PA PSRS Patient Saf Advis 2006 Dec;3(4):14.
Keeping an Eye on Toxic Anterior Segment Syndrome

Editor’s Note

The following information has been abstracted from the cover article of the December 2006 AORN Journal. PA-PSRS Clinical Analyst Janet Johnston, RN, MSN, JD, was invited to submit the article for publication. Additional resources have been provided.

Keeping an Eye on Toxic Anterior Segment Syndrome

Since June 2004, ambulatory surgical facilities have submitted at least 15 reports of toxic anterior segment syndrome (TASS) to PA-PSRS, and at least three facilities have reported multiple cases. TASS is a complication of intraocular surgery that occurs when a non-infectious toxic agent enters the anterior segment of the eye and causes an inflammatory reaction. While it is a rare complication, severe cases of TASS can cause permanent injury to the eye. Often, the cause of a TASS event remains unknown even after investigation, but potential causes identified in the clinical literature include bacterial endotoxin, viscoelastic, and other residues introduced into the eye (e.g., on instruments); solutions and intraocular fluids introduced into the eye; preservatives in ophthalmic solutions; medications that penetrate through surgical wounds in the eye; and intraocular lenses (i.e., design and composition).

TASS incidence is difficult to pinpoint for several reasons, including that TASS is often confused with and treated as infectious endophthalmitis. Symptoms (e.g., decreased or blurred vision, hypopyon, fibrin and conjuctival redness) are similar for both diagnoses—a complete evaluation conducted by an ophthalmologist will differentiate between the two. Such an examination comprises the following: fundus examination, gonioscopy, slit lamp examination, tonometry, and aqueous and vitreous needle examination. If early diagnosis of TASS is made, timely and appropriate intervention is effective. Treatments vary, but the most common treatment is administering corticosteroids to reduce inflammation. After treatment, careful monitoring and follow-up protects against further inflammation.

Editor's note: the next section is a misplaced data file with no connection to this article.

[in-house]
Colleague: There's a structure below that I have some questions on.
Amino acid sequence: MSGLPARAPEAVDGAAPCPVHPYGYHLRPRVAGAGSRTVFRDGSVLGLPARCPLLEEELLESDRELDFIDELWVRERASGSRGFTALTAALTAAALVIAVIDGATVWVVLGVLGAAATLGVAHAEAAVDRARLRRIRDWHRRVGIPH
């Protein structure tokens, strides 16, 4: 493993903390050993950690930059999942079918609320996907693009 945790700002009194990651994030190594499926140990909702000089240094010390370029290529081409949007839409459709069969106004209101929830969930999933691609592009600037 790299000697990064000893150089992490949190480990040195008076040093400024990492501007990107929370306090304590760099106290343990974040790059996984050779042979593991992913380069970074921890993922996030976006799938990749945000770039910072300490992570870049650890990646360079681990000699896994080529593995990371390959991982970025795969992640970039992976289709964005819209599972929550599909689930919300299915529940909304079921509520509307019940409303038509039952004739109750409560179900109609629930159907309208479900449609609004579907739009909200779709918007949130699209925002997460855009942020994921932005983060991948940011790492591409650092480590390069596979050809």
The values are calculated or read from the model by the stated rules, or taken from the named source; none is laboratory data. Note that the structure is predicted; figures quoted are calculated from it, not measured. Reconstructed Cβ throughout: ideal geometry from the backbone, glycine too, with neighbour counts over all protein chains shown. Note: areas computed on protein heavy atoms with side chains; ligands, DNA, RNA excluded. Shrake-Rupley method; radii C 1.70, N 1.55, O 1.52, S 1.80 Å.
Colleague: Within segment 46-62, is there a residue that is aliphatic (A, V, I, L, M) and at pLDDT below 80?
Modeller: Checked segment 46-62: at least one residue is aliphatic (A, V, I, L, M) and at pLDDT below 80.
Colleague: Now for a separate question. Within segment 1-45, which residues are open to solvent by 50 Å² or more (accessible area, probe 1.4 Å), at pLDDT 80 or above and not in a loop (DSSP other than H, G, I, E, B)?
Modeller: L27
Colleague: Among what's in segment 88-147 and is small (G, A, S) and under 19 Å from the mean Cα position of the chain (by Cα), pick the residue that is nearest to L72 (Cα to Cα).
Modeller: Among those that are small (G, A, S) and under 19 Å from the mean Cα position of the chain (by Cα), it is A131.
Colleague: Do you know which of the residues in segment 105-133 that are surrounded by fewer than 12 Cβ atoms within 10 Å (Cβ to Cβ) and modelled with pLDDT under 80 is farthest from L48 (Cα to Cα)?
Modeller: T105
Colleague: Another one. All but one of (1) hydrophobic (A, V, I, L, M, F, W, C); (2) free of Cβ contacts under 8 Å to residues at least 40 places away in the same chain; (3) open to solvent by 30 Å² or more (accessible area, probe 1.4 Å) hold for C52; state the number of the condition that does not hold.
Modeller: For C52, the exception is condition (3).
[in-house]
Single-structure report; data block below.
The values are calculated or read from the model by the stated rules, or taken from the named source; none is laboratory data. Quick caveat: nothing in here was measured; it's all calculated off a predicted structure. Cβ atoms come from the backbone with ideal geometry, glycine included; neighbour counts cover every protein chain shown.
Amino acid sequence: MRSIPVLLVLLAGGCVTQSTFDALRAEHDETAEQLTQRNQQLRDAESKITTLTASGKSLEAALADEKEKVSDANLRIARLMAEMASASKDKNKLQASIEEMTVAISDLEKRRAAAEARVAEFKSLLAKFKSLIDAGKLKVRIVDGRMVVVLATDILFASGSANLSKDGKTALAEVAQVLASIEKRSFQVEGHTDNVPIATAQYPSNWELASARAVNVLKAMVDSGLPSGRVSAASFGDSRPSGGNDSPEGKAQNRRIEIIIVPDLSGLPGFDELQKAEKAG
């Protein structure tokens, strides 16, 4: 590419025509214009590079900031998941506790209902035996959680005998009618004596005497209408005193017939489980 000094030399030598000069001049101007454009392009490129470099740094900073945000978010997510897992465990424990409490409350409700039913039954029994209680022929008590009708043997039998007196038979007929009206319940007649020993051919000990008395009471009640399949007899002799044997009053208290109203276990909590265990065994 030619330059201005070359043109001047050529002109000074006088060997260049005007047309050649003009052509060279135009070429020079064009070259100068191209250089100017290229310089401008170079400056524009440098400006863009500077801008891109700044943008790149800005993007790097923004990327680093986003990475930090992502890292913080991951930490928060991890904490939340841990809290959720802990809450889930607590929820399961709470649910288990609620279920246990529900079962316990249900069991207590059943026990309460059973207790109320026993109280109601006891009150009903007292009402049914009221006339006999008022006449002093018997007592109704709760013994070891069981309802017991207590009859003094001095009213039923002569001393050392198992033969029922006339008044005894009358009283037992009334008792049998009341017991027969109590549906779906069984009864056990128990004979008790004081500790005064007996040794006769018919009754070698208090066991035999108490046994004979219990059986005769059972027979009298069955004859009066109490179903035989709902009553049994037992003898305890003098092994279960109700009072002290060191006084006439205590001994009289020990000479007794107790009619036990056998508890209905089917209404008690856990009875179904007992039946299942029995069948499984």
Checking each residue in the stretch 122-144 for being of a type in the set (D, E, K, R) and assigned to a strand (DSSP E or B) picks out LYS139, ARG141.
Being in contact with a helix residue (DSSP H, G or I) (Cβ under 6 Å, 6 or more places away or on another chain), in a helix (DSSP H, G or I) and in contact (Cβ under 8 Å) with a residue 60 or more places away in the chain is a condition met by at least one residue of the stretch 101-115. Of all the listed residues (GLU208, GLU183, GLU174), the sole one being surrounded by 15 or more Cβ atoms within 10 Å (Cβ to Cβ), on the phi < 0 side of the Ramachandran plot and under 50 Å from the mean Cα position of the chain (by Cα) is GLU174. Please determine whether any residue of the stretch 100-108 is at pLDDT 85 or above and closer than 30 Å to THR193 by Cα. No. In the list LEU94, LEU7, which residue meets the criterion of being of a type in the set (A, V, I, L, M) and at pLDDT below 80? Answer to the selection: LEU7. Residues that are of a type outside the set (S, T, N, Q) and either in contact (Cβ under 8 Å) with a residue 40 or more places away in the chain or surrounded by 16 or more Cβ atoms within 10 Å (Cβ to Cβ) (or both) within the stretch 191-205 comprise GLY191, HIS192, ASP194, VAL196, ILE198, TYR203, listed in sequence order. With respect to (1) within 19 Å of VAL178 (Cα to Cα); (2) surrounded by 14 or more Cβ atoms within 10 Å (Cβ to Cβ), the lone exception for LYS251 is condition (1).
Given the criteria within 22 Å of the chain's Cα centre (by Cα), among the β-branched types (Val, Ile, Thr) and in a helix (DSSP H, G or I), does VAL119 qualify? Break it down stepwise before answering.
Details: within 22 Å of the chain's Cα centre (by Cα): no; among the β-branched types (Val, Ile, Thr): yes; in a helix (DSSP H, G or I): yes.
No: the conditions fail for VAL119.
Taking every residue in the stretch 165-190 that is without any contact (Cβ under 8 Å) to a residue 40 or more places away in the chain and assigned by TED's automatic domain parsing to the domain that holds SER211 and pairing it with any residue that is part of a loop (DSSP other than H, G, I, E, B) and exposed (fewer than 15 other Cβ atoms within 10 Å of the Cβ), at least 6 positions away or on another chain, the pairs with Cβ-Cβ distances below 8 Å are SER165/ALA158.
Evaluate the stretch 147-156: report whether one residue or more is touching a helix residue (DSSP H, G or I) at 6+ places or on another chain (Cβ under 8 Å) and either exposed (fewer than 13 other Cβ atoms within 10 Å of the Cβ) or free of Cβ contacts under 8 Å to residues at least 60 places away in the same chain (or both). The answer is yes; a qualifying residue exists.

Risk-reduction strategies for clinicians, surgical team members, patients, and others to consider include the following:

  • Awareness
    • Acknowledging the potential for TASS to occur (e.g., quickly investigating and appropriately treating inflammation that occurs the day after surgery)
    • Being wary of all items introduced into the eye during surgery
    • During discharge, instructing patients to return at first indication of visual disturbance
  • Communication
    • Involving perioperative personnel in discussions about purchasing changes to avoid supply items associated with TASS
    • Discussing intraoperative changes that could contribute to TASS (e.g., intraoperative switch to different irrigating solution)
    • Documenting and recording medications, solutions, and instruments used in surgery to help identify patterns in the event of TASS outbreak
  • Technique
    • Considering techniques to reduce the risk of TASS discussed in clinical literature

Source: Johnston J. Toxic anterior segment syndrome— more than sterility meets the eye. AORN J 2006 Dec [cited 2006 Dec 6]. Available from Internet: http://www.aornjournal.org/article/PIIS000120920663994X/abstract.

Additional Resources

American Society of Cataract and Refractive Surgery

cme2 (an independent subsidiary of Advanstar Communications,Inc)

  • TASS: Probable Causes and Corrective Measures [Web site]. [cited 2006 Dec 8]. Available from Internet: http://www.tassfacts.com/.
PSA LOGO

The Pennsylvania Patient Safety Advisory may be reprinted and distributed without restriction, provided it is printed or distributed in its entirety and without alteration. Individual articles may be reprinted in their entirety and without alteration, provided the source is clearly attributed.

Current and previous issues are available online at http://patientsafety.pa.gov.